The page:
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Acids/Bases Design Lab. How does a change in the pH value of a solution of hydrochloric acid (HCl(aq)), affect how much zinc metal is reacted with the hydrochloric acid in a one minute time frame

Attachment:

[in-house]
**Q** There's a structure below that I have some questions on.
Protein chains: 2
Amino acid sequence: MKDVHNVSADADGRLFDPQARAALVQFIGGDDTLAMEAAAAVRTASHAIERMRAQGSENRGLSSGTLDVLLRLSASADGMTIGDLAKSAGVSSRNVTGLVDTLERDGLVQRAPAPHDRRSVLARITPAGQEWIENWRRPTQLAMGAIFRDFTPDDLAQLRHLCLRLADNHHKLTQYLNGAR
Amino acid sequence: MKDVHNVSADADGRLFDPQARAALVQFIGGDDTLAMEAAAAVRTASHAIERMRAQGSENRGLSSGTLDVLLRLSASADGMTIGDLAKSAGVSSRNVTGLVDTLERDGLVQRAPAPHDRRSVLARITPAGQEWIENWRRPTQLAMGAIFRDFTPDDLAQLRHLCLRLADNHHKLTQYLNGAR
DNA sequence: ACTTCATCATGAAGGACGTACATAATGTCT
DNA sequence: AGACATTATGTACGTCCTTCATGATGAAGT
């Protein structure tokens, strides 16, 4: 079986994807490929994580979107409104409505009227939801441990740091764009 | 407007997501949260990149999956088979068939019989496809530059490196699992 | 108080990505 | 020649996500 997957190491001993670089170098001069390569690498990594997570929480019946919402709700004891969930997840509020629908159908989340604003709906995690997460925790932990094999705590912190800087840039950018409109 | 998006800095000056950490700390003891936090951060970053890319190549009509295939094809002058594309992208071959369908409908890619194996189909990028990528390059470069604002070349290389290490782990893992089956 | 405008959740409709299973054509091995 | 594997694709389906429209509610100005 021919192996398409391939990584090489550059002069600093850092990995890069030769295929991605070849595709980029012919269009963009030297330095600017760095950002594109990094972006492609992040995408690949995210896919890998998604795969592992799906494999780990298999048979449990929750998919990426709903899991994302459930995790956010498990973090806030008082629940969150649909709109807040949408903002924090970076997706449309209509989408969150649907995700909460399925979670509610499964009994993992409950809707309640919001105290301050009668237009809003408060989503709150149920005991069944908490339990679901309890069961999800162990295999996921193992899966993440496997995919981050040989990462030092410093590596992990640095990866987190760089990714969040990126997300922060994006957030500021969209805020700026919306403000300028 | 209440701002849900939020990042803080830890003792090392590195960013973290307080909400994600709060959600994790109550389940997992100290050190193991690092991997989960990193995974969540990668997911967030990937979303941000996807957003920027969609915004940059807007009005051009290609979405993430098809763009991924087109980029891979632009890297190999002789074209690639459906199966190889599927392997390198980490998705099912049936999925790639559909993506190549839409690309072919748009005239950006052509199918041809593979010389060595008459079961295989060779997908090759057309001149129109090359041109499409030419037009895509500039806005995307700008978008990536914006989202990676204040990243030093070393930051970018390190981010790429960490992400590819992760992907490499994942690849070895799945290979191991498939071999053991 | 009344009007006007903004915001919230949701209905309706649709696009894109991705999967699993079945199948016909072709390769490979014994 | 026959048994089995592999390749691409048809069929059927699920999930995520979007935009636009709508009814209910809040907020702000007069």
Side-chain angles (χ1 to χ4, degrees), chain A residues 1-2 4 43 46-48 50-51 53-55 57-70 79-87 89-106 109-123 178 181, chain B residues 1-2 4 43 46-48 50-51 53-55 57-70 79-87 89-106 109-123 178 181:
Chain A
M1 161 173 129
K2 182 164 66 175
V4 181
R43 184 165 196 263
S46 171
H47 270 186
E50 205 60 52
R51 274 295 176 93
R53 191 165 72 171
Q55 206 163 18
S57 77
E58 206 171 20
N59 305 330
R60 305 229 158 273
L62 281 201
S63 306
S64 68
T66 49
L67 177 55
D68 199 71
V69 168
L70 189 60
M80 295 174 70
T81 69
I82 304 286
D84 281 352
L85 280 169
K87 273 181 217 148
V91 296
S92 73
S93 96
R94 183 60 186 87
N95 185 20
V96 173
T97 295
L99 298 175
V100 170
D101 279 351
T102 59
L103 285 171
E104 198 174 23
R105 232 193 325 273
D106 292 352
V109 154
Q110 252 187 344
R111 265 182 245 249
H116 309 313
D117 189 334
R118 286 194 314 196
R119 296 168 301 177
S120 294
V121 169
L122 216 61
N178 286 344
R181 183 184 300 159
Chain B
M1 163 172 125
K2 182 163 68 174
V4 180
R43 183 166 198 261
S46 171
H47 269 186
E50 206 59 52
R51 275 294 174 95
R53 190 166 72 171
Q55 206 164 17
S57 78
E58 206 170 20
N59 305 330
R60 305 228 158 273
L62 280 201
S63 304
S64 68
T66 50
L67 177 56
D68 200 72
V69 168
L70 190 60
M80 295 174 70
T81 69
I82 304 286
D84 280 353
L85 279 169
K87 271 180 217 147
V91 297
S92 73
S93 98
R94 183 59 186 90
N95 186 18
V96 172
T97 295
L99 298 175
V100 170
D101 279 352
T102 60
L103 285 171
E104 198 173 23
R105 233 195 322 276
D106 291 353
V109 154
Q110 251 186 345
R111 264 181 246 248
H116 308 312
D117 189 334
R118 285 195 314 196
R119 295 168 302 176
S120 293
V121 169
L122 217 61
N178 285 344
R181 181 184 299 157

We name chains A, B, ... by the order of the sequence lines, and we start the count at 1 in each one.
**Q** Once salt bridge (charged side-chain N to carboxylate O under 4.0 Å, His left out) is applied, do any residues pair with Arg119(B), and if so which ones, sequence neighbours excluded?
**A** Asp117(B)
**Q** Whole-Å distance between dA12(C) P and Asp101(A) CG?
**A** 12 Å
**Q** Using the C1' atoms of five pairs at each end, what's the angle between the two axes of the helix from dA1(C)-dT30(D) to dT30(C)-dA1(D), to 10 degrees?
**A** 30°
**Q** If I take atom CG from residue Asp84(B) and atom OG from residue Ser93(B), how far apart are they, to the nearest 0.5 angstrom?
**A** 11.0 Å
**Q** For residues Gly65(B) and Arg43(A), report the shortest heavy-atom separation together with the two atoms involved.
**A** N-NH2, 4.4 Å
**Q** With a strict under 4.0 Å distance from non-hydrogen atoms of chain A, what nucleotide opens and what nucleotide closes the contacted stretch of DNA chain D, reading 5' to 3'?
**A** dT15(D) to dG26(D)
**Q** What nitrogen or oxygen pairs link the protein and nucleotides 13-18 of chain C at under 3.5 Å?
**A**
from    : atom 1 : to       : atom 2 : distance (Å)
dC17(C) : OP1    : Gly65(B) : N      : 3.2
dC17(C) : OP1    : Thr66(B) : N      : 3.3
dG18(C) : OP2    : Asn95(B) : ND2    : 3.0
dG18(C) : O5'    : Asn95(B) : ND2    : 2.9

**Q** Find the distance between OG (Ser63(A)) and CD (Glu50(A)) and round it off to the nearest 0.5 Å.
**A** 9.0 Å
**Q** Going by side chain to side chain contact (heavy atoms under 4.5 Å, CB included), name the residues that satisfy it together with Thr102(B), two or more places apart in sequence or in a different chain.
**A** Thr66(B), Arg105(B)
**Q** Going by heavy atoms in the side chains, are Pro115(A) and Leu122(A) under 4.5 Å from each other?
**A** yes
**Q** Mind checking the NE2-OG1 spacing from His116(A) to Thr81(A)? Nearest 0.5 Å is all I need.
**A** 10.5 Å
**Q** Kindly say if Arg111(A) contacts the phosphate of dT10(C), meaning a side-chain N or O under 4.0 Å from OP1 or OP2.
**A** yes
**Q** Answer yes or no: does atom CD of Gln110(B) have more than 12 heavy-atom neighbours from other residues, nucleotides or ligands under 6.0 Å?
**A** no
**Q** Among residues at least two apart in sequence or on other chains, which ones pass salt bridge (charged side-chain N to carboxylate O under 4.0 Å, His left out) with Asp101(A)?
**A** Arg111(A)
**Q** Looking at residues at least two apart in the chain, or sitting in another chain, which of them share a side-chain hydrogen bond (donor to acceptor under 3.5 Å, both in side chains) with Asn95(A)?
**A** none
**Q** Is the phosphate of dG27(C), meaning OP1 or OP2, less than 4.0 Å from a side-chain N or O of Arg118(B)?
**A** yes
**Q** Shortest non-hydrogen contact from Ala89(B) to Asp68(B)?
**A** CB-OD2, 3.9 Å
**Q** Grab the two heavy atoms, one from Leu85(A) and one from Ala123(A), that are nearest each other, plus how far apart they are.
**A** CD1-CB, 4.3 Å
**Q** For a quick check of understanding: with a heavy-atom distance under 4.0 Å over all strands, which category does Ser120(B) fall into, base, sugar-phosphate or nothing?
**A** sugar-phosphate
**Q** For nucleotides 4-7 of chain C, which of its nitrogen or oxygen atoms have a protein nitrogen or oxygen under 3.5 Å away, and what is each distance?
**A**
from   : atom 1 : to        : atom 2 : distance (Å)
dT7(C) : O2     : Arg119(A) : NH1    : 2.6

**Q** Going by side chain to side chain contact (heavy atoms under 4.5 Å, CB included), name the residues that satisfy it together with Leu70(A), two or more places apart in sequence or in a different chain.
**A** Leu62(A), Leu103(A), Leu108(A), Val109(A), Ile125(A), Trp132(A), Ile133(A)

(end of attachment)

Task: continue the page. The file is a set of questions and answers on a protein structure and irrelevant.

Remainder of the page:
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Research Question: How does a change in the pH value of a solution of hydrochloric acid (HCl(aq)), affect how much zinc metal is reacted with the hydrochloric acid in a one minute time frame (rate of reaction), if the zinc metal is kept as the excess reactant across all variations in pH of the hydrochloric acid solution. Hypothesis: If the pH of a solution containing hydrochloric acid (HCl(aq)) is decreased by increasing the concentration of the hydrochloric acid, then the amount of zinc metal that is reacted by the hydrochloric acid solution should increase since, controlling all other variables, an increase in the concentration of reactants results in an increase in the rate of reaction. Variables: Independent Variable: The independent variable in this investigation is the pH of the solution of hydrochloric acid. I will change the pH of the solution by increasing/decreasing the concentration of hydrochloric acid in the solution, through dilution of a stock solution of a 12 mol dm-3 hydrochloric acid solution during the investigation. I will use the following variations of hydrochloric acid, aware of the fact that it is monoprotic: Concentration of HCl(aq) in solution (mol dm-3) Volume of HCl(aq) solution (dm3) pH value of solution (pH) 2.0 0.030 -0.30 1.0 0.050 0 0.1 0.300 1 0.01 0.500 2 For the most part, these variations and their associated pH values do not reflect a real world scenario, such as acid rain environments. However, the trend among them can be most easily studied and therefore the data collected can be applied as a trend to investigate how changes in pH values of acidic solutions affect the rate of reaction of zinc metal strips. For example, these results can be extrapolated to how quickly some aluminum-zinc metal alloys will deteriorate by comparing a region with rain that is more acidic with another. As can be seen by the above table, the concentration of hydrochloric acid is being manipulated so that the pH value varies by a whole number. ...read more.